• Amanda Chatel

        Well be careful, Cecile, because someone is bound to label you an “eye-ist” for such a statement!

    • katiechasm

      “Recently, a friend of my sister and I, got married after knowing a guy for all of three weeks.”

      Confusing sentence.

      Also your ‘personal preference’ is also racist.

      • Pearl

        Agreed, katiechasm, re: the grammar. I was intrigued by this article when it came across my facebook news feed, but I couldn’t make it past the fourth paragraph because there were so many grammar errors. Interesting idea, fun voice, needs a good copy editor. In today’s world many people don’t care and wouldn’t even notice, but why not aim for a higher standard when you are a writer in the public eye? If writers aren’t setting the standard for correct grammar, who will?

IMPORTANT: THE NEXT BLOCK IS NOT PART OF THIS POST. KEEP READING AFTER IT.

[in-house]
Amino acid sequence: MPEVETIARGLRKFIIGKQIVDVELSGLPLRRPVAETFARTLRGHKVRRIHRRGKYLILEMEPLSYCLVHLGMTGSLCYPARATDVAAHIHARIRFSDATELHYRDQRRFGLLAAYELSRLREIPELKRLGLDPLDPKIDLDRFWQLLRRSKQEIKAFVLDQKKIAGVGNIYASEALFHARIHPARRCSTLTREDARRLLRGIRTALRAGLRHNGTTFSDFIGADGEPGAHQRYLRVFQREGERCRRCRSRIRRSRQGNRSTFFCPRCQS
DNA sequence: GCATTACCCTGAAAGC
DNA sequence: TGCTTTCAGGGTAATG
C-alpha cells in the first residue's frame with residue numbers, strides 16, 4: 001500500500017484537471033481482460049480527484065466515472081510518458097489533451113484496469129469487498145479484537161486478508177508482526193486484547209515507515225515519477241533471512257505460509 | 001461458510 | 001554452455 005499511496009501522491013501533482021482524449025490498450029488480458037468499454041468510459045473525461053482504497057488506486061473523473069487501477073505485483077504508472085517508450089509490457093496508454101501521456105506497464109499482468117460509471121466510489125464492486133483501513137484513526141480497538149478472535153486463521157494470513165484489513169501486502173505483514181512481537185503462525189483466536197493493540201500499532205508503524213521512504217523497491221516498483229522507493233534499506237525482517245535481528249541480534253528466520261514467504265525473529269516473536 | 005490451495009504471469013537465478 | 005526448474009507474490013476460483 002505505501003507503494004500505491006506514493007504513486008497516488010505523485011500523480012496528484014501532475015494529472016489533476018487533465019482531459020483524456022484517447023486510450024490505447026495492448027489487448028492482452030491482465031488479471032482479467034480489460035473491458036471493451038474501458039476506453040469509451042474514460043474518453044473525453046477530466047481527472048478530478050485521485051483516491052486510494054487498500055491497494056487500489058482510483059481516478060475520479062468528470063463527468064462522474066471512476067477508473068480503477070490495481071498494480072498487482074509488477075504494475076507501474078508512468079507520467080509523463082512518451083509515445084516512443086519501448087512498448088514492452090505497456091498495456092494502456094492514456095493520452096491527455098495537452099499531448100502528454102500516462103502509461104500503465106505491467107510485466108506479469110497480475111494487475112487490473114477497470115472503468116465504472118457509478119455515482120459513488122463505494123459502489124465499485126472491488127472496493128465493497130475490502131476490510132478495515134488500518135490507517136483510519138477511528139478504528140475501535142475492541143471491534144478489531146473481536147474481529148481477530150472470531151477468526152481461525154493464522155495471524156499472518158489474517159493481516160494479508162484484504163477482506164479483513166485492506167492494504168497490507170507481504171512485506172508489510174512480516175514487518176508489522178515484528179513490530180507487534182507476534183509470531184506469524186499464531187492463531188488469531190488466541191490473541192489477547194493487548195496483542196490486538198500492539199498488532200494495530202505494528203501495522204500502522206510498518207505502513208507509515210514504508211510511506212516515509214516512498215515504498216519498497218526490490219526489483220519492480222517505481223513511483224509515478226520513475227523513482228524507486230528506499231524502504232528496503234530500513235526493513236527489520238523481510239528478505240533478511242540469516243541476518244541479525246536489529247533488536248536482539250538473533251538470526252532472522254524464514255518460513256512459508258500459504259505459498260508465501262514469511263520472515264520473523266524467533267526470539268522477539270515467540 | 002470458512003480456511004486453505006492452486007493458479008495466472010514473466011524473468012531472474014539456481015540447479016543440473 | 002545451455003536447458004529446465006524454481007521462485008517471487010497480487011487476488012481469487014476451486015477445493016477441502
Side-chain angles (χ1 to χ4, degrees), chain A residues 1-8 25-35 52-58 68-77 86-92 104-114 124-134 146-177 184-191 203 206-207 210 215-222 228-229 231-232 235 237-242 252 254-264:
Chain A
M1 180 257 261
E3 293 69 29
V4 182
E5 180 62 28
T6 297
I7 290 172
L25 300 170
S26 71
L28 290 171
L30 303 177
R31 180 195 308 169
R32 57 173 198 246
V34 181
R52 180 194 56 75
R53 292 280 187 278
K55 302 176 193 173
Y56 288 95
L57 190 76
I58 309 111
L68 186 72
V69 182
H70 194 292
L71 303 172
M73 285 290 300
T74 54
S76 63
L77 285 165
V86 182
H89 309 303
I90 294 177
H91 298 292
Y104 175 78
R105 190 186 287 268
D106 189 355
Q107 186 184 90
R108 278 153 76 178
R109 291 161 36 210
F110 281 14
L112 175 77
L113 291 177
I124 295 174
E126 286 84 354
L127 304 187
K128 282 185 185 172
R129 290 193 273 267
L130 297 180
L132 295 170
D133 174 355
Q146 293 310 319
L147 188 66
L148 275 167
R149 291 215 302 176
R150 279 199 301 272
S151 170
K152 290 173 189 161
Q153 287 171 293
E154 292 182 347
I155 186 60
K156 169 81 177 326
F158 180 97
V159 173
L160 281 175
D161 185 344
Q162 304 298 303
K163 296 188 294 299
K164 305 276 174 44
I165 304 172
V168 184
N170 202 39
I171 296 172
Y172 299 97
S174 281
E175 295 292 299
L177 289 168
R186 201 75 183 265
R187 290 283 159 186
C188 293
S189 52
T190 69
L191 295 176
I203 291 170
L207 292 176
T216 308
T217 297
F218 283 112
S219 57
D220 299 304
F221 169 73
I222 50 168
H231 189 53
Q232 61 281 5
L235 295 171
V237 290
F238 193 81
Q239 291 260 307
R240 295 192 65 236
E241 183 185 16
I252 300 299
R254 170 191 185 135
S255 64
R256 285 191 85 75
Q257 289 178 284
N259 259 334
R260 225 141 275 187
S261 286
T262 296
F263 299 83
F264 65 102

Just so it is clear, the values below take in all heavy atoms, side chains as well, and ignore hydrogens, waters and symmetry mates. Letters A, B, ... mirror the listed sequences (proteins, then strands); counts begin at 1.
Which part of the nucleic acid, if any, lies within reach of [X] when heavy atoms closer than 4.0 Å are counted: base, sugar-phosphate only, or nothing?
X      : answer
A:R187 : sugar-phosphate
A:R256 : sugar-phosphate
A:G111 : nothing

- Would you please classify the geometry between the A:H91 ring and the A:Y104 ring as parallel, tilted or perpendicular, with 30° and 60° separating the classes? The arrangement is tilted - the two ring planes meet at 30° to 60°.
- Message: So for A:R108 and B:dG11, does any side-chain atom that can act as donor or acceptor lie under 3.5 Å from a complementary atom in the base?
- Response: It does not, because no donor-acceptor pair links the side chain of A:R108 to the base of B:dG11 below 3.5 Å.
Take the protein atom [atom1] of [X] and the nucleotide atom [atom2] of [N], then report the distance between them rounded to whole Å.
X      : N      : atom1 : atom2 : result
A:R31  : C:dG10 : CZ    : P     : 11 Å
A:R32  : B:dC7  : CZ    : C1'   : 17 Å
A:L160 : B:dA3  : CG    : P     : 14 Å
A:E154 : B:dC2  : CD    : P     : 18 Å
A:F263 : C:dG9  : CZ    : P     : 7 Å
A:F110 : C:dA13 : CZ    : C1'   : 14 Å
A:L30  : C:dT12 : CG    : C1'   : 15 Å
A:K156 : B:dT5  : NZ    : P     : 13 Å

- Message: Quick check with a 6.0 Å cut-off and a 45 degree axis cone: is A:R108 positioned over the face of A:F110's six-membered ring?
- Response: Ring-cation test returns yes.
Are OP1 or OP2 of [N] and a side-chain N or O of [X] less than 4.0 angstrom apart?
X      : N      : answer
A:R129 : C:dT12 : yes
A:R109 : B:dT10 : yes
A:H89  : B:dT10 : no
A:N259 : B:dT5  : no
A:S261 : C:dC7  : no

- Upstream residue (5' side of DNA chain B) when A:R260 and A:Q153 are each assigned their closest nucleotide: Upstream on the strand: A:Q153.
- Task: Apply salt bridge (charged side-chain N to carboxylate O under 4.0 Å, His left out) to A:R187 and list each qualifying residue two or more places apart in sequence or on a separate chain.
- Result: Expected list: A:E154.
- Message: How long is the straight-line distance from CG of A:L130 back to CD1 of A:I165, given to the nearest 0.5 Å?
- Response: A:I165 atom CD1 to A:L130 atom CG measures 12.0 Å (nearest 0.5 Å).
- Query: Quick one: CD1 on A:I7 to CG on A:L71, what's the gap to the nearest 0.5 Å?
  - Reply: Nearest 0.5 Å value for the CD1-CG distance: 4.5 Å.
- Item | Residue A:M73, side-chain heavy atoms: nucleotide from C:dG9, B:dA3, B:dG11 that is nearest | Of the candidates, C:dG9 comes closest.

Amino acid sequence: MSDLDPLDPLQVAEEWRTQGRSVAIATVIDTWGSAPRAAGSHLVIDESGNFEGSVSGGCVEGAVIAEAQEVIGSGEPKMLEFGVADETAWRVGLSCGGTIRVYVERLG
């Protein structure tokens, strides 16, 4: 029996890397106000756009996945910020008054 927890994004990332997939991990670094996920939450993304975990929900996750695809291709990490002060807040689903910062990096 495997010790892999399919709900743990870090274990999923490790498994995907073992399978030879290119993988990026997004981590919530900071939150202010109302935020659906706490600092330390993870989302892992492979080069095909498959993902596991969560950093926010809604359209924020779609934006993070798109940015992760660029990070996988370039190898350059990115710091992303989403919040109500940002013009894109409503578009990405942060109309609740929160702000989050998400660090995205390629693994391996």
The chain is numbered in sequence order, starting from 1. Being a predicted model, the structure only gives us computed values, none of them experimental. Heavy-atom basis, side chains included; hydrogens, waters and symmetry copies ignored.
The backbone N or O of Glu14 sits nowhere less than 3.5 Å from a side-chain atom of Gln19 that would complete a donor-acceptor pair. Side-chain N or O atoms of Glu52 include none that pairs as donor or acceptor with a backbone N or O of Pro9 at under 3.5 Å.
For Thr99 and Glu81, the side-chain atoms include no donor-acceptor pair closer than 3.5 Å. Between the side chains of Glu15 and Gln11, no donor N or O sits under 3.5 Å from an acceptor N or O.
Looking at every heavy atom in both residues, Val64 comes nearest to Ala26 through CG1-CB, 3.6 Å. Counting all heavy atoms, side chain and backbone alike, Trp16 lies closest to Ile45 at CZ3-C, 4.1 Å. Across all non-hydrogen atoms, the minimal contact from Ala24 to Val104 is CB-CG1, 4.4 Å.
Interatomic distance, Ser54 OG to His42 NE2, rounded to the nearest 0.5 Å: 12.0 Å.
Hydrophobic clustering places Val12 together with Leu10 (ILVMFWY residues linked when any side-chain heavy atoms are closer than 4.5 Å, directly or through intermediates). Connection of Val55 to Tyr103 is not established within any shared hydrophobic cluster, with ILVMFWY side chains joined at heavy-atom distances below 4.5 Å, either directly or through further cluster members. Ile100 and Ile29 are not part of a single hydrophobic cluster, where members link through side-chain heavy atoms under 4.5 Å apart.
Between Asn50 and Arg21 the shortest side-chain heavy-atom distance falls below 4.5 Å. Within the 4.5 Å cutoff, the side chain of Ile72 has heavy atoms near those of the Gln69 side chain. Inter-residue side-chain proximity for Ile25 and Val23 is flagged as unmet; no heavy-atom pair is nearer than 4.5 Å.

• Tia

        Saturday afternoon trolling, I see.

        And if “personal preference” means someone is racist, then we’re all racist — even you katiechasm.

      • katiechasm

        A personal preference that aligns with centuries of stereotyping and debasement of black people should probably lead the author to some soul-searching about why she prefers dating white people.

        Not the kneejerk reaction of “I’m not racist I once dated a black guy”/”I prefer green eyes so I guess I’m eyeist too”/”I’m not racist because I’m not racist” that she is writing in the comments here. Read a book.

      • NotThumper

        Wow, how dense are you katiechasm? Do you not read? Who you prefer and who you date can be 2 very different things. This does not make you racist.
        I’m not convinced you even know the definition of the word.

      • Sam